GM’s troubled German daughter will close its main factory in Rüsselsheim and its component plant in Kaiserslautern for a total of four weeks in response to a drop in demand for cars in Europe.
According to a Reuters report, Opel will halt production for a total of 20 working days between September and the end of the year. In a statement, Opel’s HR chief Holger Kimmes says:
“The European automobile market is declining dramatically. Now, shortened working hours are the correct measure to bridge the weakness of the market.”
As reported earlier, shortened hours (they can be shortened all the way to zero,) called “Kurzarbeit” (“short work”) in German, are a temporary measure that allows to react to insufficient demand. Workers can be sent home without or with reduced pay, they will receive unemployment benefits of up to 67 percent of their normal pay.
9,300 blue and white collar workers at Opel are affected.
“Now that it has the approval of the works’ council and labor union IG Metall for the plan, Opel can apply for subsidies under the German government’s short-work program, called “Kurzarbeit”.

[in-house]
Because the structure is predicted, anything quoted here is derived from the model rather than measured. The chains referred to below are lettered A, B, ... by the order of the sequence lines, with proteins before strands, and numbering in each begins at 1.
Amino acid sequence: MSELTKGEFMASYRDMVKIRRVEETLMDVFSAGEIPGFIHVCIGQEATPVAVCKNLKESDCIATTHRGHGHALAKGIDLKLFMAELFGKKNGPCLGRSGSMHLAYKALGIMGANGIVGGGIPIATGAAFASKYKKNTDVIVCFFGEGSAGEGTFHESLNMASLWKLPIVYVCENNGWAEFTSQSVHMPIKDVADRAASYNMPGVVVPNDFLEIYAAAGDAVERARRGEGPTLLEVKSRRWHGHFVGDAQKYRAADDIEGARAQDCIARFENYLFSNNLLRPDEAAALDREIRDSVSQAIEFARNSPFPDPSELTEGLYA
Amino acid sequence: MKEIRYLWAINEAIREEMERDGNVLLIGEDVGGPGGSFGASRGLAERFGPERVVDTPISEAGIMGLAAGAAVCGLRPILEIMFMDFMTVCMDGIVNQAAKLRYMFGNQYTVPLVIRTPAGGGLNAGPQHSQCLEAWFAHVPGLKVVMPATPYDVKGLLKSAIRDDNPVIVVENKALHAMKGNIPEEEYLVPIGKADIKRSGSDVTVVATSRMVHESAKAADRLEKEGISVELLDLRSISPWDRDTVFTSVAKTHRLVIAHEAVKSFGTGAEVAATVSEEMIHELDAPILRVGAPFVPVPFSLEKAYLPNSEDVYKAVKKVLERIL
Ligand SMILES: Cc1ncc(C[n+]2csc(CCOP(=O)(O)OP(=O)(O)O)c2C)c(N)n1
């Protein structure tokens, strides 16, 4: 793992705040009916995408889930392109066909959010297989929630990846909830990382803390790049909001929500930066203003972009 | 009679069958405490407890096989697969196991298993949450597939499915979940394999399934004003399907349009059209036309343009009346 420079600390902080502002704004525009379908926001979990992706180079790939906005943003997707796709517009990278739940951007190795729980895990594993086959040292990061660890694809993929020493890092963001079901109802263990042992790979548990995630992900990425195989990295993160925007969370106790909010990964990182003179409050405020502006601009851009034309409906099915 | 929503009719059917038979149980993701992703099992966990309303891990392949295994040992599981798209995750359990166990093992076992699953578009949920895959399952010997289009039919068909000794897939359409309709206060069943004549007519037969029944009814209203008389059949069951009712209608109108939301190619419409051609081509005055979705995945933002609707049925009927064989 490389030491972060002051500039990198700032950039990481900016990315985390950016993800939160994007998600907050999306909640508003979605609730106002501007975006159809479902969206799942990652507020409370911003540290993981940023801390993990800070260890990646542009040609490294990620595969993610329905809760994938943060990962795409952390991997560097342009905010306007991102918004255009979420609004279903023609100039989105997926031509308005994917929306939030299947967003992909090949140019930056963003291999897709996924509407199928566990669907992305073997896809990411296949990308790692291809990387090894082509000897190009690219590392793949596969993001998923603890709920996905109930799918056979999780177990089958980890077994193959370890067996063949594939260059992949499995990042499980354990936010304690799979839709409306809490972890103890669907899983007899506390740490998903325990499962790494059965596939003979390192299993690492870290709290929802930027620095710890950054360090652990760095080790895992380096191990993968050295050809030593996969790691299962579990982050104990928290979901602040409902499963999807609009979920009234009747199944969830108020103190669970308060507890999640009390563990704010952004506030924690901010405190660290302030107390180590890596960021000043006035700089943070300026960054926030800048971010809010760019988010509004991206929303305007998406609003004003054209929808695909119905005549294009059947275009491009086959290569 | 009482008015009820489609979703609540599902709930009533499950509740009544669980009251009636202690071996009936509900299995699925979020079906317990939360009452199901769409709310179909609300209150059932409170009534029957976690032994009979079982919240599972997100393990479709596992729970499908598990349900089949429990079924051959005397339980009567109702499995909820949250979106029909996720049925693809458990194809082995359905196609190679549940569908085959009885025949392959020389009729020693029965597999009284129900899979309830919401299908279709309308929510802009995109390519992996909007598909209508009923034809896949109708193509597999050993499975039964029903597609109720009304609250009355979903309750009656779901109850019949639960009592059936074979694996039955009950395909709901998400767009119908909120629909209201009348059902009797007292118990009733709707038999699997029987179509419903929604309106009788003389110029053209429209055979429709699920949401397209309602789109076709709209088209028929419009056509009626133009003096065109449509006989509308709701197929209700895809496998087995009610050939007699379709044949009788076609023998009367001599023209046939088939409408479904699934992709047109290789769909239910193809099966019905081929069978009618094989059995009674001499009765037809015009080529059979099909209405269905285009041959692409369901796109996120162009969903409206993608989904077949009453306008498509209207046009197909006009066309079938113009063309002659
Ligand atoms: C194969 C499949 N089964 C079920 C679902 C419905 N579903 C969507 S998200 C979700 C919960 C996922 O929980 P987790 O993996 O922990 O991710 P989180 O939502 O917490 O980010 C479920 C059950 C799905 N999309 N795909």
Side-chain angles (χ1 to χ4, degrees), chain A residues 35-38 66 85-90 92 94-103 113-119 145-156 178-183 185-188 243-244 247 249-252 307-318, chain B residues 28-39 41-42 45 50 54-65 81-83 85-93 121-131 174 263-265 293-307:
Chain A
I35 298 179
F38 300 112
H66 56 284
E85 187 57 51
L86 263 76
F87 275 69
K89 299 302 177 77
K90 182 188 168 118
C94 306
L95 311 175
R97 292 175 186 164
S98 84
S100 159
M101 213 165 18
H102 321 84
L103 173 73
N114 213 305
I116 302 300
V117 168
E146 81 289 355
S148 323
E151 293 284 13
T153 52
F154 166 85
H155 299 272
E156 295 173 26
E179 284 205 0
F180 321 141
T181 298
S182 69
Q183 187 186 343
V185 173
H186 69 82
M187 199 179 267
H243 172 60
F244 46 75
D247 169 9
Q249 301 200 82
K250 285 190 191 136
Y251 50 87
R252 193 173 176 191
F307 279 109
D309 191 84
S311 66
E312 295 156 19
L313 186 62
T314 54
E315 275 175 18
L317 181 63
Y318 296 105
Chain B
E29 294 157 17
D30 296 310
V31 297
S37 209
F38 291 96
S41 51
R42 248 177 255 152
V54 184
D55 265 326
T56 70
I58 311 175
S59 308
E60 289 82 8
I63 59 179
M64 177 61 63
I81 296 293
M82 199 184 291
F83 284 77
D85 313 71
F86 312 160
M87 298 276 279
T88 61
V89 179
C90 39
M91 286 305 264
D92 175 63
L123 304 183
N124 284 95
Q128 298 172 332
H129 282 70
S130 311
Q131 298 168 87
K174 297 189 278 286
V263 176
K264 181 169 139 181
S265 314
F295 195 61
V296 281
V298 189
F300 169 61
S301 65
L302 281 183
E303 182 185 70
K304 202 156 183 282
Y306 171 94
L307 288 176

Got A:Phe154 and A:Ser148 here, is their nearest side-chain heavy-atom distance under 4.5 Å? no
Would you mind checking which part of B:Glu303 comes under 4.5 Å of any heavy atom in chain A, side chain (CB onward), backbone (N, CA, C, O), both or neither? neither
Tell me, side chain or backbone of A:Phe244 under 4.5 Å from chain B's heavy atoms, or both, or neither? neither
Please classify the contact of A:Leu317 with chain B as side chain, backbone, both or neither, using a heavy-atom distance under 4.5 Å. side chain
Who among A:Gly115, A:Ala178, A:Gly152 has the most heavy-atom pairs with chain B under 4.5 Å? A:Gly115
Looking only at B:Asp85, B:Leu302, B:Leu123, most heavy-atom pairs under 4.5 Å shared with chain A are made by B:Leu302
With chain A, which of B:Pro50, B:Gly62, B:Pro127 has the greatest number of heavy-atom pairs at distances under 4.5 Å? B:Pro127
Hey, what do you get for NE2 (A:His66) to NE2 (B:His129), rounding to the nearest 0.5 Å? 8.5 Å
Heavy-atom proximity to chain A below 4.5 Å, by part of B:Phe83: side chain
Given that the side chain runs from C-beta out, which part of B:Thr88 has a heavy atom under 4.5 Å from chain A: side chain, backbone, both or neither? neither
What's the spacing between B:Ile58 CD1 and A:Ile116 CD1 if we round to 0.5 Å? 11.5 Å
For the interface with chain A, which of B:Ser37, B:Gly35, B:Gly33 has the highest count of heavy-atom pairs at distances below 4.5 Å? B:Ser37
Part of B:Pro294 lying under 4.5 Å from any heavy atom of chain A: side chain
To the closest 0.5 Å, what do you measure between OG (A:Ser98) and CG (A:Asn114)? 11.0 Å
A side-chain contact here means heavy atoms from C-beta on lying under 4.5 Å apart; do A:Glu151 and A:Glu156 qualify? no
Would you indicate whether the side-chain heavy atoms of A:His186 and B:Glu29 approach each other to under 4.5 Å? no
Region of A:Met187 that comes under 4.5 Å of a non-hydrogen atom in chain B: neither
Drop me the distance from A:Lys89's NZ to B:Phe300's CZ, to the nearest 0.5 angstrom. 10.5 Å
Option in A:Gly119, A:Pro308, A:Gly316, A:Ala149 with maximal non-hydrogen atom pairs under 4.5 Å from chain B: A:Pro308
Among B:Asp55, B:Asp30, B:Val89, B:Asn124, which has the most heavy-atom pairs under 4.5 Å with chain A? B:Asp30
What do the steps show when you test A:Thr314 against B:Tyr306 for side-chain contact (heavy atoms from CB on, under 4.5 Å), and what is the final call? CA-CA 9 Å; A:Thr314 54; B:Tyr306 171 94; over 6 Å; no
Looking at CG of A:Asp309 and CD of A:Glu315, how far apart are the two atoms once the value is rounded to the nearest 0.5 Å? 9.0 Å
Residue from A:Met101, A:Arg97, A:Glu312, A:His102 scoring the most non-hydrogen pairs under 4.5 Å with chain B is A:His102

The scheme was used by many struggling companies in the 2008-2009 recession, allowing them to preserve jobs by cutting employees’ hours when plant usage was low and having the government compensate workers for part of their lost wages.”
Germany’s Handelsblatt adds:
“An erratic course of the mothership GM and the crisis in Europe hollowed-out Opel’s foundations. Its market share sinks, creating huge problems with overcapacities. Several attempts at a restructuring failed. Two years ago, 8,000 jobs were slashed in Europe, the factory in Antwerp was closed. Nevertheless, losses in the Europe business piled up to more than half a billion dollars in the first half of the year. In the last ten year, GM lost more than $14 billion in Europe.”